I am a member of a group of teachers who, with the support of the head teacher and with all students on board, have started an exciting new initiative to increase participation in the school. The aim is to establish a scaled-down but fully-functioning model of a real society at the school, complete with a political system and a micro-economy. I am confident that this approach will motivate students by engaging them in authentic and practical experiences. The town is led by a mayor or mayoress and it has a fully elected council, with regular meetings taking place in the library to deliberate on a range of issues, including serious matters such as disciplinary policies. There is even a newspaper and a video news channel. A number of enterprises have been established by students as cross-curricular projects: shops, services, etc. Students apply for positions within these enterprises and are responsible for their performance against mutually agreed criteria.
The twist in this story is that while some aspects of “Schoolville” are real, like the meetings in the library and the consultations about school matters, other aspects are simulated as elements of a video-game loosely based on the popular Facebook game “Farmville”, as well as other video games like “Sim-City”. The game is a simple flash-based app. Students can open shops, offer services and as they progress they gain XPs (Experience Points) which they can re-use to perform other actions and to “buy” additional resources. Small amounts of XPs are awarded automatically by the software for completing basic actions, while larger amounts and special prizes are given by us teachers for completing more challenging projects, and for demonstrating specific achievements. For example, an advanced feature of the game is the option to open virtual shops to sell trinkets, virtual pets and whatever students are interested in.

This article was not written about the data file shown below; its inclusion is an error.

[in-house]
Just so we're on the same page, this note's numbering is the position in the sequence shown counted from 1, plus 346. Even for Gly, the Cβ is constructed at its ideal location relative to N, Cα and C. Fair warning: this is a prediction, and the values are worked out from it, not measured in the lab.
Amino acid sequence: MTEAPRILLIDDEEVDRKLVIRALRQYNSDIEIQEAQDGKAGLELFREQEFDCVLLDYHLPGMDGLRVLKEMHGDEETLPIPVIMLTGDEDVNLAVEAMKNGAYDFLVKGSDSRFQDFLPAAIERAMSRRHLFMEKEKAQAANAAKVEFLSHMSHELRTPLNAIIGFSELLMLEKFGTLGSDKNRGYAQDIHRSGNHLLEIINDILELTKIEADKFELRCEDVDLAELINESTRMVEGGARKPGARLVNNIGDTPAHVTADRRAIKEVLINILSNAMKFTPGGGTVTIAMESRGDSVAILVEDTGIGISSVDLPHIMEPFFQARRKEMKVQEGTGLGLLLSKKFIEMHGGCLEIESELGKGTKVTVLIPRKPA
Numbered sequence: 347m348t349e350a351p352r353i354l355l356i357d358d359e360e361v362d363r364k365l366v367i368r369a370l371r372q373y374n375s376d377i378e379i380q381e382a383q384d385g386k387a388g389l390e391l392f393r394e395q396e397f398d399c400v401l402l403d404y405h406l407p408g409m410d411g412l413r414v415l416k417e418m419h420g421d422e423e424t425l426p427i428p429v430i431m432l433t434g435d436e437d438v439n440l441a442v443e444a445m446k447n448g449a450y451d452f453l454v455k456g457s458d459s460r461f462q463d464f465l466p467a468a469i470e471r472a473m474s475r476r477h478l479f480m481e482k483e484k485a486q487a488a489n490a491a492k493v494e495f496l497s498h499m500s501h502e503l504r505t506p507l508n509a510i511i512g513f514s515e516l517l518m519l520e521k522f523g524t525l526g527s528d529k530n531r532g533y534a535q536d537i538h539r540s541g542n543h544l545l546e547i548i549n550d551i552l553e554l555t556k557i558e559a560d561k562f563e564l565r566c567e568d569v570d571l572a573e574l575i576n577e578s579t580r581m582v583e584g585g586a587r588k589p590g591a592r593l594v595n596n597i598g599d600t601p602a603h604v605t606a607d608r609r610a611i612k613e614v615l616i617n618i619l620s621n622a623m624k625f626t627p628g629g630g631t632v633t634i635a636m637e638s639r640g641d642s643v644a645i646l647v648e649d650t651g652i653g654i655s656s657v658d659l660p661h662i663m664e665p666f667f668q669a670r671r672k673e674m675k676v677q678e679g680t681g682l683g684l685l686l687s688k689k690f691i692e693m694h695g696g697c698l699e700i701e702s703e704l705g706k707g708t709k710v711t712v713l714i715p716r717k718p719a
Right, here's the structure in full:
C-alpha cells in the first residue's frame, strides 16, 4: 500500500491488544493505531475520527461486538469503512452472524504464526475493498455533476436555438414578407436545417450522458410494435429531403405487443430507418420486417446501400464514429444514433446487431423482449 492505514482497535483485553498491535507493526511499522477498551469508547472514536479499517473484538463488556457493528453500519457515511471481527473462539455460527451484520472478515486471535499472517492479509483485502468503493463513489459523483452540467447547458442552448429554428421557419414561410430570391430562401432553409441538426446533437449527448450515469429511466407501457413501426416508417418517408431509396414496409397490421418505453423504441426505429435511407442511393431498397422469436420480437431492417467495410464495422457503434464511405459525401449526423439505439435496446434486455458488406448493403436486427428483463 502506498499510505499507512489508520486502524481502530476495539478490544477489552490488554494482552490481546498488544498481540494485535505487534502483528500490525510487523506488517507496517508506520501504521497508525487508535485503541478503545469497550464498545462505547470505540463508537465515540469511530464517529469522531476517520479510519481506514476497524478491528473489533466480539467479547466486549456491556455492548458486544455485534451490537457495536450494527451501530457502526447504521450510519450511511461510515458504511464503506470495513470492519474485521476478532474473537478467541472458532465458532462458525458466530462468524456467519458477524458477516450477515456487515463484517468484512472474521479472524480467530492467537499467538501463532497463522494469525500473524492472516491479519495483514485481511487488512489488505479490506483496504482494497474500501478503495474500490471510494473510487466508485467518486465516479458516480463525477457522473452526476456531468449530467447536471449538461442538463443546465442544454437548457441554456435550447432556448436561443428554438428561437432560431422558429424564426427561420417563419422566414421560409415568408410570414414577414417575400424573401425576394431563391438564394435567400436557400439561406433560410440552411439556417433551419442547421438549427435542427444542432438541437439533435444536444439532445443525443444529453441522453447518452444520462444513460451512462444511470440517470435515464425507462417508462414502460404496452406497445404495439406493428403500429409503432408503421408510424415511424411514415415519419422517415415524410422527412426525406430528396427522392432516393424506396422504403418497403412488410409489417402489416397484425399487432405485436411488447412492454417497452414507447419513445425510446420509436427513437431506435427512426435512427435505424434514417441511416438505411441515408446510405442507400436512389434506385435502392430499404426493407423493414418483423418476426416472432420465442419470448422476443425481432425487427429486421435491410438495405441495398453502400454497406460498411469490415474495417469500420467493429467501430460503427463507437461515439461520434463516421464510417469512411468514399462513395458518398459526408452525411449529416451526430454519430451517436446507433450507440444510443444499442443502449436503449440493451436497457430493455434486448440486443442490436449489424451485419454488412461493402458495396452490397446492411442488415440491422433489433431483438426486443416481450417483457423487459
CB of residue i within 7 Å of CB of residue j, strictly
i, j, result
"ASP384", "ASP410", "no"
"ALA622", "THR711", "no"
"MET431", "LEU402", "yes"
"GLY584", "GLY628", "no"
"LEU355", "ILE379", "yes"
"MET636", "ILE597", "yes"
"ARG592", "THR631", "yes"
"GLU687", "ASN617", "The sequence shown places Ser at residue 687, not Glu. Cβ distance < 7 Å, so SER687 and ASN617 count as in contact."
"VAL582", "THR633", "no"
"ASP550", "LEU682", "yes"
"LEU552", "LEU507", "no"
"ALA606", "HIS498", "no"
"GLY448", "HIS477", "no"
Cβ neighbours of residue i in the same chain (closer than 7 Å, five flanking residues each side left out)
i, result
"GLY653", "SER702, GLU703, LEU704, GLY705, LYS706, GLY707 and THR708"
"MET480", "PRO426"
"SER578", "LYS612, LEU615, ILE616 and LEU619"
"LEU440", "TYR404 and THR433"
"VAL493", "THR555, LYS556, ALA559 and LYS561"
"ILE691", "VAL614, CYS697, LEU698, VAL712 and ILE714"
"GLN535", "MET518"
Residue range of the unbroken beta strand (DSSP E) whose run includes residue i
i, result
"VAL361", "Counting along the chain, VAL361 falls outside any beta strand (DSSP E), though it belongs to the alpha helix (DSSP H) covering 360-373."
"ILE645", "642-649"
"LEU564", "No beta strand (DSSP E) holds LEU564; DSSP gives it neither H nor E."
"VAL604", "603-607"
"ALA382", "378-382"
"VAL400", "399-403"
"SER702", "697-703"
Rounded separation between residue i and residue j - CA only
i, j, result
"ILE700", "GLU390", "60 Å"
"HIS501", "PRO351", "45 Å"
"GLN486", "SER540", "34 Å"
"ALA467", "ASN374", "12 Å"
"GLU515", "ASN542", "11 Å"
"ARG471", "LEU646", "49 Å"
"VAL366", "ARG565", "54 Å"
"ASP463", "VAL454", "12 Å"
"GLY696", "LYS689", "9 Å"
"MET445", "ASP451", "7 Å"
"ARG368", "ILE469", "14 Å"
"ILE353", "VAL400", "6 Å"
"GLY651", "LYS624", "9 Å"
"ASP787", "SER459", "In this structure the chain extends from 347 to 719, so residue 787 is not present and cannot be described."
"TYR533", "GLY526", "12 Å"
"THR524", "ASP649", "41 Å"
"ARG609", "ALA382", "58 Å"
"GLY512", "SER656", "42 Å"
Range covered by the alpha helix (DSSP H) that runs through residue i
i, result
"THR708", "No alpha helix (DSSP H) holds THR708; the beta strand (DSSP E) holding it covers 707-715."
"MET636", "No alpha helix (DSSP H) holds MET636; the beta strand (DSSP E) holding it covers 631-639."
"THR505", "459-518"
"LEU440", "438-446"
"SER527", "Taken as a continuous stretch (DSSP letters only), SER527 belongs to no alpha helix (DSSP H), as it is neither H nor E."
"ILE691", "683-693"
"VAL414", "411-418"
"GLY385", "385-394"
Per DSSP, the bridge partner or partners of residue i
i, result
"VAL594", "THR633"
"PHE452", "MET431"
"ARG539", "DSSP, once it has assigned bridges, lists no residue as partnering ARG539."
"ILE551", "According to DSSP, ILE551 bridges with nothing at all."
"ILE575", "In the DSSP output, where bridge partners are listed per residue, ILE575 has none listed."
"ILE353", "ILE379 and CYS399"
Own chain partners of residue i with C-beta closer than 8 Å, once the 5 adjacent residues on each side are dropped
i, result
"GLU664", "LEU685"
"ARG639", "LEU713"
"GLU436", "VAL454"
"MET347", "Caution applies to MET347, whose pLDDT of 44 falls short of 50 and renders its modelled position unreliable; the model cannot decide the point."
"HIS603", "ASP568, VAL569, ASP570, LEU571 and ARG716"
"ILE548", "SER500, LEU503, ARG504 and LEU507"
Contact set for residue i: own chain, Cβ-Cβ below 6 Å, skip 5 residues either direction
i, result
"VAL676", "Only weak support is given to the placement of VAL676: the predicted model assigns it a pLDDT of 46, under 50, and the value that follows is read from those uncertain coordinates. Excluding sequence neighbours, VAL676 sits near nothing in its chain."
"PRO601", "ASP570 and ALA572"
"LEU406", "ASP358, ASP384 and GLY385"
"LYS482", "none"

Running the shops requires knowledge of mathematics and management skills, as specific objectives can only be achieved if the student or the group of students running the enterprise carry out tasks or solve problems, which are set by me and the other teachers. An important aspect of Schoolville is the clear mapping of in-game objectives and tasks against curricular requirements. Tasks and problems range from online quizzes to more complex activities, like writing a mini financial report or a business plan. For example, one of the tasks requires students to use an online worksheet that asks them to recognise the equivalence of percentages, fractions and decimals, and to calculate and use percentages to compare proportions. Another task asks them to work out sales forecasts based on fictional data and information provided by me.
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